6. An integrated tool to study MHC region: accurate SNV detection and HLA genes typing in human MHC region using targeted high-throughput sequencing.

    Directory of Open Access Journals (Sweden)

    Hongzhi Cao

    Full Text Available The major histocompatibility complex (MHC is one of the most variable and gene-dense regions of the human genome. Most studies of the MHC, and associated regions, focus on minor variants and HLA typing, many of which have been demonstrated to be associated with human disease susceptibility and metabolic pathways. However, the detection of variants in the MHC region, and diagnostic HLA typing, still lacks a coherent, standardized, cost effective and high coverage protocol of clinical quality and reliability. In this paper, we presented such a method for the accurate detection of minor variants and HLA types in the human MHC region, using high-throughput, high-coverage sequencing of target regions. A probe set was designed to template upon the 8 annotated human MHC haplotypes, and to encompass the 5 megabases (Mb of the extended MHC region. We deployed our probes upon three, genetically diverse human samples for probe set evaluation, and sequencing data show that ∼97% of the MHC region, and over 99% of the genes in MHC region, are covered with sufficient depth and good evenness. 98% of genotypes called by this capture sequencing prove consistent with established HapMap genotypes. We have concurrently developed a one-step pipeline for calling any HLA type referenced in the IMGT/HLA database from this target capture sequencing data, which shows over 96% typing accuracy when deployed at 4 digital resolution. This cost-effective and highly accurate approach for variant detection and HLA typing in the MHC region may lend further insight into immune-mediated diseases studies, and may find clinical utility in transplantation medicine research. This one-step pipeline is released for general evaluation and use by the scientific community.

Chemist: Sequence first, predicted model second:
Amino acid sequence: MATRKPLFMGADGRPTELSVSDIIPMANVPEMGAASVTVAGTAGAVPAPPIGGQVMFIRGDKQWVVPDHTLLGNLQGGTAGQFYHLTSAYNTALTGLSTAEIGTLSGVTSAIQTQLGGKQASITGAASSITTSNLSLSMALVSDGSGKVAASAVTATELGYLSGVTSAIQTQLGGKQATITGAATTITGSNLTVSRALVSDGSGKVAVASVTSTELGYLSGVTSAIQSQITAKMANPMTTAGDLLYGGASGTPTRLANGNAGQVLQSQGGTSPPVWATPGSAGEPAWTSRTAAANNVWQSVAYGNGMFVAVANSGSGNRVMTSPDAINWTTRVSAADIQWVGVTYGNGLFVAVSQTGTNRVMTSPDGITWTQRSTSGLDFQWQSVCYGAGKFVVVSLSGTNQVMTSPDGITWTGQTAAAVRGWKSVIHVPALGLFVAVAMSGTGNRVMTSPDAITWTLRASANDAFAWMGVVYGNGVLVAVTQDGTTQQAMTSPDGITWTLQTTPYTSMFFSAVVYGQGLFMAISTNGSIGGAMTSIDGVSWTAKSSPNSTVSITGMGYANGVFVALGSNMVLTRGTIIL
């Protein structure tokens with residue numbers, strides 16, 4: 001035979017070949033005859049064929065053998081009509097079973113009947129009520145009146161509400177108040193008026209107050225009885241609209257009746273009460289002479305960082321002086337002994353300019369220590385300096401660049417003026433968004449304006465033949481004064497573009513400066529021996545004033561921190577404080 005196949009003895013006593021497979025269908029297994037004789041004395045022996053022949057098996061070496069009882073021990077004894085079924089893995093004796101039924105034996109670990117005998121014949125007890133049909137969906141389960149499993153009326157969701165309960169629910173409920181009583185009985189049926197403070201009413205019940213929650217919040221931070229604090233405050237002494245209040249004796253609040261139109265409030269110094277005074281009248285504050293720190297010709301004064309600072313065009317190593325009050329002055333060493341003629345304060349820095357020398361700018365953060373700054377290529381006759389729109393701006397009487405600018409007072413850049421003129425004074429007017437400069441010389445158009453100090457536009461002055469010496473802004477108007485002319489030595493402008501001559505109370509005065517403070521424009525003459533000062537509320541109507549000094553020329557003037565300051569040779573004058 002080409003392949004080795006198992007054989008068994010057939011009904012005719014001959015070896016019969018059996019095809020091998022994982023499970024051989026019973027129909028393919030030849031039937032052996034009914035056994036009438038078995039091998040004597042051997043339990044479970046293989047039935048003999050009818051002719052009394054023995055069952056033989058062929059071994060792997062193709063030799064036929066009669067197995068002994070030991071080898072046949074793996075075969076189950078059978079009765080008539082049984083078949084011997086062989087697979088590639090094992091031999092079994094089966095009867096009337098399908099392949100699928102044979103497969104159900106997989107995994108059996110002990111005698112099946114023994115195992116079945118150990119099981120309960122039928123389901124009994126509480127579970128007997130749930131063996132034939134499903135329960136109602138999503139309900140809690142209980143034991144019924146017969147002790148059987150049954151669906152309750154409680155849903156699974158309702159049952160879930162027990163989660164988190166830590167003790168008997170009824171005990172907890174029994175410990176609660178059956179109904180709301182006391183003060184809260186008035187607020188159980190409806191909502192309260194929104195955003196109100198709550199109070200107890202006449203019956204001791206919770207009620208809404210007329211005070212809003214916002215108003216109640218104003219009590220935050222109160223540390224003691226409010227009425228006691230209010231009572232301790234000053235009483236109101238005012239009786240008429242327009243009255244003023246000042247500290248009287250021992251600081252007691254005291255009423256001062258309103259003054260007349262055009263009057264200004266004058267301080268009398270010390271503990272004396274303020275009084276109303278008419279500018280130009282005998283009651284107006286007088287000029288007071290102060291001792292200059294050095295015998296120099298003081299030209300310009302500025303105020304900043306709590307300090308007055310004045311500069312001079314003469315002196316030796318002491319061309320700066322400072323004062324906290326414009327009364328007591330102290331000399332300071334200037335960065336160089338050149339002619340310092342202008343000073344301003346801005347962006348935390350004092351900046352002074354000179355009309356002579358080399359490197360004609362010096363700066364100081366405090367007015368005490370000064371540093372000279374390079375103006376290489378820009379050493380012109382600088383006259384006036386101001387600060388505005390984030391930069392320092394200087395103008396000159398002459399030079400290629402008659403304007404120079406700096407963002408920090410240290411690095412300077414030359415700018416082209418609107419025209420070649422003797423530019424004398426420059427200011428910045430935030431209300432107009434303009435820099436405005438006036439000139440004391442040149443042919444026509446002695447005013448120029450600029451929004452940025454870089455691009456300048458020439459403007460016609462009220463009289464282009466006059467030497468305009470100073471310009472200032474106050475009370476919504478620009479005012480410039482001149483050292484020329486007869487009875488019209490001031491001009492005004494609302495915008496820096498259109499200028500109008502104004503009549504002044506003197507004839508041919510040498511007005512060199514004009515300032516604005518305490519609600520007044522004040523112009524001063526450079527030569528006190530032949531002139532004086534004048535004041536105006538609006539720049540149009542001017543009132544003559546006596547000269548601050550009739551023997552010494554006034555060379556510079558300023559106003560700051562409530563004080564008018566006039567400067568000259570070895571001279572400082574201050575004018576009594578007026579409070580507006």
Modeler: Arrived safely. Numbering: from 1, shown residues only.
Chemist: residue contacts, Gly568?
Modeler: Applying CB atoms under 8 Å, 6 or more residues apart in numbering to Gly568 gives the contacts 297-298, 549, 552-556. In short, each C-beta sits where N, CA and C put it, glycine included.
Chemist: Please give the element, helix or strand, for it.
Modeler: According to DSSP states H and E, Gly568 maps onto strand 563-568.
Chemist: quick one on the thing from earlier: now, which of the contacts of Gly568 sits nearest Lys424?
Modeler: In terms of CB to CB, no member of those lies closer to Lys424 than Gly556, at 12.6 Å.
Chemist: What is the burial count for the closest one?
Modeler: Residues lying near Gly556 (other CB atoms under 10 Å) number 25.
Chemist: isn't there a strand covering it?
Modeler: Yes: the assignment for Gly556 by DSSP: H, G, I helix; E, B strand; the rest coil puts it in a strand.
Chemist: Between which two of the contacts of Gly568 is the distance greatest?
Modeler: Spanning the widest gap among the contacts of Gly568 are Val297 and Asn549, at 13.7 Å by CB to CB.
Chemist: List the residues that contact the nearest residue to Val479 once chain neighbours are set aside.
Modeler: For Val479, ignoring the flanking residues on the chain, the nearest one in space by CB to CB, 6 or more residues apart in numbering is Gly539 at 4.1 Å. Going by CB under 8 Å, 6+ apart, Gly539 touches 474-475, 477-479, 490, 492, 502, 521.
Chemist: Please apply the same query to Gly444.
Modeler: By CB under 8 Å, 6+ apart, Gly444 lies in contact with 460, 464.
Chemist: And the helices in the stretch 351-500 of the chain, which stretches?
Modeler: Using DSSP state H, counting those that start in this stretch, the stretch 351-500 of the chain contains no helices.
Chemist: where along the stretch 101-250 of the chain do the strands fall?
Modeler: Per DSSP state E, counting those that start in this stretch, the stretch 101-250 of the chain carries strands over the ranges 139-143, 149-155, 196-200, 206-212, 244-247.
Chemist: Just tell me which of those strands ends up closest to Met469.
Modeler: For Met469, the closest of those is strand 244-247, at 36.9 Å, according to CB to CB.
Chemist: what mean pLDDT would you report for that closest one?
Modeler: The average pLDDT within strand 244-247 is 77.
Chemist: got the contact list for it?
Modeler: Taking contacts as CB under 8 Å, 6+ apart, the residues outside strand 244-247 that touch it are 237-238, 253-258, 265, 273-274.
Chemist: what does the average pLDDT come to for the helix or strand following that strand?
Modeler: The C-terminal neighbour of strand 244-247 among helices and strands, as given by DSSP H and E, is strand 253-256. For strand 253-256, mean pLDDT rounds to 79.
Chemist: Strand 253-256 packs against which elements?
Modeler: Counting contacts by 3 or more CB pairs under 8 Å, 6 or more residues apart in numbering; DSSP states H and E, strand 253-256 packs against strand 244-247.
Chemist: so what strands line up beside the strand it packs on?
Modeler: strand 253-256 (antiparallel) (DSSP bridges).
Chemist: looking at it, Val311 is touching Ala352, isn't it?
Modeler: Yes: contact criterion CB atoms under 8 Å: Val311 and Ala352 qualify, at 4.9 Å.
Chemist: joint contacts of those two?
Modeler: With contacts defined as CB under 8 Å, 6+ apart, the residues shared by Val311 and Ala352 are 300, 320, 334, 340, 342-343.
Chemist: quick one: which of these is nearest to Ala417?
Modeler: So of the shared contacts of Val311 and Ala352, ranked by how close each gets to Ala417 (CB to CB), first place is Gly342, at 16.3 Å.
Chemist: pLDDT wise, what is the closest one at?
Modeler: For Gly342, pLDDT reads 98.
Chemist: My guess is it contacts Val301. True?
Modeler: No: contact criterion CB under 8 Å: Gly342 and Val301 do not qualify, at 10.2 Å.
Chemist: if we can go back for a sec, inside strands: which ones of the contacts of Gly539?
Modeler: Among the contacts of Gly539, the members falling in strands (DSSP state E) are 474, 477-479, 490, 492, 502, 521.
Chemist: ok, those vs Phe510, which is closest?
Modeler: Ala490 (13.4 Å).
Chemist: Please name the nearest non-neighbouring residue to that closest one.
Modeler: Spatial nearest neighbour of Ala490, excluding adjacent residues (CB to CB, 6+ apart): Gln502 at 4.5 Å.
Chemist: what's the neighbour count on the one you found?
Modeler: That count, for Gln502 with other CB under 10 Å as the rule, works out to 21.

7. MHC Class II and Non-MHC Class II Genes Differentially Influence Humoral Immunity to Bacillus anthracis Lethal Factor and Protective Antigen

    OpenAIRE

    Garman, Lori; Dumas, Eric K.; Kurella, Sridevi; Hunt, Jonathan J.; Crowe, Sherry R.; Nguyen, Melissa L.; Cox, Philip M.; James, Judith A.; Farris, A. Darise

    2012-01-01

    Anthrax Lethal Toxin consists of Protective Antigen (PA) and Lethal Factor (LF), and current vaccination strategies focus on eliciting antibodies to PA. In human vaccination, the response to PA can vary greatly, and the response is often directed toward non-neutralizing epitopes. Variable vaccine responses have been shown to be due in part to genetic differences in individuals, with both MHC class II and other genes playing roles. Here, we investigated the relative contribution of MHC class I...

  8. AN MHC class I immune evasion gene of Marek's disease virus

    Science.gov (United States)

    Marek's disease virus (MDV) is a widespread a-herpesvirus of chickens that causes T cell tumors. Acute, but not latent, MDV infection has previously been shown to lead to downregulation of cell-surface MHC class I (Virology 282:198–205 (2001)), but the gene(s) involved have not been identified. Here...

  9. Absence of linkage between MHC and a gene involved in susceptibility to human schistosomiasis

    Directory of Open Access Journals (Sweden)

    Chiarella J.M.

    1998-01-01